On March 10, 2000, newly-formed online companies reached unprecedented heights on the stock market, setting the stage for an Icarus-like fall. It would come to be known as the day the dot-com bubble burst.
Online entrepreneurs had been on a roll up to then, launching dot-coms galore. Investors were eagerly snapping up those dot-coms' initial stock offerings, even though few of the ventures had any REAL assets, or revenue, to speak of.
No profits? No problem!
- (CBS News, 7/16/99)
- Online grocer Webvan stock price closes 65% above initial offering (NY Times, 11/06/99)
Powered by dot-coms, the NASDAQ soared Icarus-like into the stratosphere, closing that fateful March 10 at just over 5,000. But unbeknownst to anyone that day, the peak had passed.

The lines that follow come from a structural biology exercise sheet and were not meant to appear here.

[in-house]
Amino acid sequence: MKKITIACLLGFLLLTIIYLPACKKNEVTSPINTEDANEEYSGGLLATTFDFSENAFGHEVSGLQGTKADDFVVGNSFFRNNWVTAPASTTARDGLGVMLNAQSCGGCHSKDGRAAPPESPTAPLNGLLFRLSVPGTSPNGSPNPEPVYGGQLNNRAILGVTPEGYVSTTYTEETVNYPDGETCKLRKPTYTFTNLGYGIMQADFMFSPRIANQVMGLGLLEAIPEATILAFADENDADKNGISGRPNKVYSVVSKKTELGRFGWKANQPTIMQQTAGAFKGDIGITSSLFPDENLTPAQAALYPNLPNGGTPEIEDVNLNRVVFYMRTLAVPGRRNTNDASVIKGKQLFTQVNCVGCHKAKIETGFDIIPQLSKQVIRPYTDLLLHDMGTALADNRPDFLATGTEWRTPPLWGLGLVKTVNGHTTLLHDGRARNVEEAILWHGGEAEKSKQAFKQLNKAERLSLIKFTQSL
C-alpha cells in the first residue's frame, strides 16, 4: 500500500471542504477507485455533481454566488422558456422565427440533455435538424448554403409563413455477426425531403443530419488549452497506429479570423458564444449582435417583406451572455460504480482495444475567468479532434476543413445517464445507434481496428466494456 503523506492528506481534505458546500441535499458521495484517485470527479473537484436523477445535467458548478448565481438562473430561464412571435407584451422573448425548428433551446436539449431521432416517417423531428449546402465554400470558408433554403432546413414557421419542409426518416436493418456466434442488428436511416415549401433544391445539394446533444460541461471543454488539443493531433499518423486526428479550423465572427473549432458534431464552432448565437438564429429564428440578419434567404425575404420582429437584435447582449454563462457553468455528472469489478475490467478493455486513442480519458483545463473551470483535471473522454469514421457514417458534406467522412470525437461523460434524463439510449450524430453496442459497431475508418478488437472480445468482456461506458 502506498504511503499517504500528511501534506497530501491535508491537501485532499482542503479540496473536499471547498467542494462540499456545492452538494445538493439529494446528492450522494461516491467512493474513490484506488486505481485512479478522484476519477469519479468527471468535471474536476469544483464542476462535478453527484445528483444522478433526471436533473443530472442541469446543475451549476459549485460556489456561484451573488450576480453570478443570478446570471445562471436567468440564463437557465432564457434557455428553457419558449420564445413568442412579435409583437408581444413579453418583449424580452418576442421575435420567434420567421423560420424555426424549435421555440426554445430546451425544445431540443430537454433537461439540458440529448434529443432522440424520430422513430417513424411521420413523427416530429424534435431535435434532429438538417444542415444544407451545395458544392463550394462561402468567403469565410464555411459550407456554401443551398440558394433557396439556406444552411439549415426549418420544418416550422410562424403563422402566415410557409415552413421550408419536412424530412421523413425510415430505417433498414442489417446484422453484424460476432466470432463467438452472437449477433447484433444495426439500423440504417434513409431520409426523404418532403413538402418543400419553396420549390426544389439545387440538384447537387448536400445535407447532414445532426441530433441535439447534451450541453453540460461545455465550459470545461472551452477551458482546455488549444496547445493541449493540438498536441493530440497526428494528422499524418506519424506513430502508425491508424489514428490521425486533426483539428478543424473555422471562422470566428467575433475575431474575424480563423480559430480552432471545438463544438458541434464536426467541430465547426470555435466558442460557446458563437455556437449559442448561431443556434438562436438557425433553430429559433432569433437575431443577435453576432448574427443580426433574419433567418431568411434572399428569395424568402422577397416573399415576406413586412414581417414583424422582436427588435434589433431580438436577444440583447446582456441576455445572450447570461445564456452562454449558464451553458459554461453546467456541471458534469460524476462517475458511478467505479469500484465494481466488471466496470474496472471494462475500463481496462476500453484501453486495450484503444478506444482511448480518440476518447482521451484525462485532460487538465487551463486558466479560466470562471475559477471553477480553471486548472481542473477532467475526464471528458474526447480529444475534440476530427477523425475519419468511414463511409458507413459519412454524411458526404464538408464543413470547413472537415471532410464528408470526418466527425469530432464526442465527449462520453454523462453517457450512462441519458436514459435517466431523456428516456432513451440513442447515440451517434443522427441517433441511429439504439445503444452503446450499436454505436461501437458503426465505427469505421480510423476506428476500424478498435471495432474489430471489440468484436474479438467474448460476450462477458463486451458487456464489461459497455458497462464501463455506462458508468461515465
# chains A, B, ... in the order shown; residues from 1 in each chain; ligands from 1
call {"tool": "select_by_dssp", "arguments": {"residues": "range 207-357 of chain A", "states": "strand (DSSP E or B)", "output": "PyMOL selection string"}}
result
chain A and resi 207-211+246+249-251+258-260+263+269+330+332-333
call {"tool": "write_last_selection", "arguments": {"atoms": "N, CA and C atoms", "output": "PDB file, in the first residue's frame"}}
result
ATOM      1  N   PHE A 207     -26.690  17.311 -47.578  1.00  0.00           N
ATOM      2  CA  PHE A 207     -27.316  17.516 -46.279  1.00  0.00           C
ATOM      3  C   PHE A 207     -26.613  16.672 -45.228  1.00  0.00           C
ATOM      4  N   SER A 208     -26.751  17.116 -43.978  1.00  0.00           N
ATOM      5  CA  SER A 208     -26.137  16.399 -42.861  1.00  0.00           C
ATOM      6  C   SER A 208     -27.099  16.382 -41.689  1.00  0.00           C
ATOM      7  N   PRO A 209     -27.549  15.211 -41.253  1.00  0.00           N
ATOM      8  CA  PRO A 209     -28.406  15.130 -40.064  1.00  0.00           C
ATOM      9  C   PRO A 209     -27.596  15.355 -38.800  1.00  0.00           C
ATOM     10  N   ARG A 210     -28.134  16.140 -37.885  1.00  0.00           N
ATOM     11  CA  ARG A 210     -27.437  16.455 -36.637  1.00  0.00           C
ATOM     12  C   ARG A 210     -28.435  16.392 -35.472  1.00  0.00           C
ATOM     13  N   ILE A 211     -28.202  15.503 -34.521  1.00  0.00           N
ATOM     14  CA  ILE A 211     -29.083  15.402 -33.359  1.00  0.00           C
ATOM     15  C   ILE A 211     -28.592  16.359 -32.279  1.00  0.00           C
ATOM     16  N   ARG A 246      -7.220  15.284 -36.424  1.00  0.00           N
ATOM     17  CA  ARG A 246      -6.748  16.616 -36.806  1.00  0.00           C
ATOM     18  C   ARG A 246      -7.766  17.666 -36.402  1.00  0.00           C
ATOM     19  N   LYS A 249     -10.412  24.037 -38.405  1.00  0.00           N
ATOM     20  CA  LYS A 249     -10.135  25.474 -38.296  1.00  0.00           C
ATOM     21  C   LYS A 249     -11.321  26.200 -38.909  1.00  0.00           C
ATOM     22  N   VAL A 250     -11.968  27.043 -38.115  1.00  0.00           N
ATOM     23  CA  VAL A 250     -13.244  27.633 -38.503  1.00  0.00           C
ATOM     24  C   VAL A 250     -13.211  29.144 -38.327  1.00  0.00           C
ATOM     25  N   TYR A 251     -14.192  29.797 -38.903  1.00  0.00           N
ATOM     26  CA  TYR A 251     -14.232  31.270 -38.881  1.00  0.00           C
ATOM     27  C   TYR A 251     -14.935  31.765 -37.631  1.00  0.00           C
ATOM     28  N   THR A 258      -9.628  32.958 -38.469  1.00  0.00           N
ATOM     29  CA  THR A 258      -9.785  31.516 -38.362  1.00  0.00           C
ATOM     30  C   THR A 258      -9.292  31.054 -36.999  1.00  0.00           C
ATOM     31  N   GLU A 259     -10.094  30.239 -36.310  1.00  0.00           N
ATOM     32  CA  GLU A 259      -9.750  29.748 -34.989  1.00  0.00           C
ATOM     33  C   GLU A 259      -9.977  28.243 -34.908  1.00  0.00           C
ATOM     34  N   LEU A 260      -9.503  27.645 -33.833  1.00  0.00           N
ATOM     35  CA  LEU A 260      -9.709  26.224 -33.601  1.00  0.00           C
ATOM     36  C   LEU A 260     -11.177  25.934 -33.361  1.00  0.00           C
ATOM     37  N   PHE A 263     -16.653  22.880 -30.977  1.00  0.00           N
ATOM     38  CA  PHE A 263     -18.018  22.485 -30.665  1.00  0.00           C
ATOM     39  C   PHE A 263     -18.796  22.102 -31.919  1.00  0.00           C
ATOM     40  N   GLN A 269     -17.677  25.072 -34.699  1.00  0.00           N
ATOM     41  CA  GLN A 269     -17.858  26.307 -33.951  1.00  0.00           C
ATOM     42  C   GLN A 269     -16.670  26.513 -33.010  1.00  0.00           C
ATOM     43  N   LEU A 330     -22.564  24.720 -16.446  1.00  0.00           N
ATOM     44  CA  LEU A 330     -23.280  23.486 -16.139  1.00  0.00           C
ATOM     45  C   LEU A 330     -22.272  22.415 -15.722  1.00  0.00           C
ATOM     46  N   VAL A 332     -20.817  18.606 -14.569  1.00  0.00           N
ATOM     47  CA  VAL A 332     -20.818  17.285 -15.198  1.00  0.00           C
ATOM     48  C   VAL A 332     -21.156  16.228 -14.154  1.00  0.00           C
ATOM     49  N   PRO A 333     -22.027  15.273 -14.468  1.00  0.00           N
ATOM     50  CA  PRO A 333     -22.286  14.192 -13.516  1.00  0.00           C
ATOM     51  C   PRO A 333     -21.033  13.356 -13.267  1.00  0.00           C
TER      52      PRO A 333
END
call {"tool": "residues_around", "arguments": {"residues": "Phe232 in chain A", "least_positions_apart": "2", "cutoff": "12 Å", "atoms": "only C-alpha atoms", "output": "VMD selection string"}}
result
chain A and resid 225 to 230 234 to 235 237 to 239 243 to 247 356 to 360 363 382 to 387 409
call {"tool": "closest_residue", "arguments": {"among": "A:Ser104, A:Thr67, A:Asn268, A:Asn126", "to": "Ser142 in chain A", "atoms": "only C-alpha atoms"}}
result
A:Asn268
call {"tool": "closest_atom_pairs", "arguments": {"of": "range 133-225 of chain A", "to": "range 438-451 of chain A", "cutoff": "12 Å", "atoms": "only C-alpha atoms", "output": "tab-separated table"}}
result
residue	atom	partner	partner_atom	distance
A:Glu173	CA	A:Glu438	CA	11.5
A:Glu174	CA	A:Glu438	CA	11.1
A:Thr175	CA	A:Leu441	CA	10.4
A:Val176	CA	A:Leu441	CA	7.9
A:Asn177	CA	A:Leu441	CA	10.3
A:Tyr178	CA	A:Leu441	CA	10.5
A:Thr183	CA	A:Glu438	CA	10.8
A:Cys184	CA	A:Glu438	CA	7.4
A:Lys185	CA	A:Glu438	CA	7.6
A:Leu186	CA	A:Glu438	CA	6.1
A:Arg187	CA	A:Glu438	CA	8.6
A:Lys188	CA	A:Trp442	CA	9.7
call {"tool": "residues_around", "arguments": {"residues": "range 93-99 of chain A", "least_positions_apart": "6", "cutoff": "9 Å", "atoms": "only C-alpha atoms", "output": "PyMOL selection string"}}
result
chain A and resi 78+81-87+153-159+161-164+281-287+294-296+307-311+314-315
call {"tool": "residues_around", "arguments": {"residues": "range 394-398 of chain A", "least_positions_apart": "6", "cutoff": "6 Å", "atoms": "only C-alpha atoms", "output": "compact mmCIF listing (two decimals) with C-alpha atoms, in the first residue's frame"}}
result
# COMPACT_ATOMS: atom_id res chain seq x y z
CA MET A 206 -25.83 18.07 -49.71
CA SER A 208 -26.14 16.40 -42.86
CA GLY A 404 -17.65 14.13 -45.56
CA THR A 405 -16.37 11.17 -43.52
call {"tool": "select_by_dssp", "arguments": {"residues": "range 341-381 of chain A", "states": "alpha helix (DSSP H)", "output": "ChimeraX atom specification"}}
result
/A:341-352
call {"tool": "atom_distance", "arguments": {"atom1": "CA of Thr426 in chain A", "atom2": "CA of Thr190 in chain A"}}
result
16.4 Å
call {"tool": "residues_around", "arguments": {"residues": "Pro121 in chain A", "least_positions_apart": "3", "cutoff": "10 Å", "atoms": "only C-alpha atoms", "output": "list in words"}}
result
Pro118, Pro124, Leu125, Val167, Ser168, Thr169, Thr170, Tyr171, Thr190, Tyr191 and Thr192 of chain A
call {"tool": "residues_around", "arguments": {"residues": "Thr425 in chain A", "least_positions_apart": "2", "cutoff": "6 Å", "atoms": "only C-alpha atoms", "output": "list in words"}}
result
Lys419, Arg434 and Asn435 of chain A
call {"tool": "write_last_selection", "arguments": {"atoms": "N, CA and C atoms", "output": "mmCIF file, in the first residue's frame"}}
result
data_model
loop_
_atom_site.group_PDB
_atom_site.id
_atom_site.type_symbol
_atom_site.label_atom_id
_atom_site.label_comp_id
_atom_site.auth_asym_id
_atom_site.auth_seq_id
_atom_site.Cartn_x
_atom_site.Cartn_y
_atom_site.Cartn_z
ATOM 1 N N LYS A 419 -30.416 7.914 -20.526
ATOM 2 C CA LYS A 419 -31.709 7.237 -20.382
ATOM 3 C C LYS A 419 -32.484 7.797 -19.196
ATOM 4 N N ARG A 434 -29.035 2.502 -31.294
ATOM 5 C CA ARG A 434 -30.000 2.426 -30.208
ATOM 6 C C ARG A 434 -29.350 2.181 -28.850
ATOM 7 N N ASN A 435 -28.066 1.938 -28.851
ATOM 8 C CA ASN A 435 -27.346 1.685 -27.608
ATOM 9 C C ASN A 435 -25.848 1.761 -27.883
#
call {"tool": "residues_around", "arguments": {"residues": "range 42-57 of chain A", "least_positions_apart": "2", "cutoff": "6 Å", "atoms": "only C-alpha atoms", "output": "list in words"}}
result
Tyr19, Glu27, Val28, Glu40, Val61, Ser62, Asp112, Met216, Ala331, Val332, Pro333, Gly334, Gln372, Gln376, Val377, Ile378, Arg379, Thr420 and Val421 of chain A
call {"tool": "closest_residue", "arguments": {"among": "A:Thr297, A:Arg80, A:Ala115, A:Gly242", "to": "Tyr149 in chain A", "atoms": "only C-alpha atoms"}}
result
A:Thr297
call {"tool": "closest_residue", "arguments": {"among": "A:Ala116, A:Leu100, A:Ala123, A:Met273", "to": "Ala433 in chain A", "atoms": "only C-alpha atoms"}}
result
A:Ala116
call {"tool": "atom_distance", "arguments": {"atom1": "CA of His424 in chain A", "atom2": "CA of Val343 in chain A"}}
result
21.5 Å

Icarus-like indeed – those dot-com stocks began to plunge, and plunge, and plunge!
By October 2002, the NASDAQ hit bottom, at roughly 1,100, down nearly 80% from its peak.
Dozens of highly-touted dot-coms (remember pets.com?) were reduced to little more than road kill.
Today, new dot-coms have replaced the old ones, and the NASDAQ has well surpassed that previous peak.
Still, as the lesson of that earlier bubble reminds us, what goes up … can go down.
Story produced by Trey Sherman.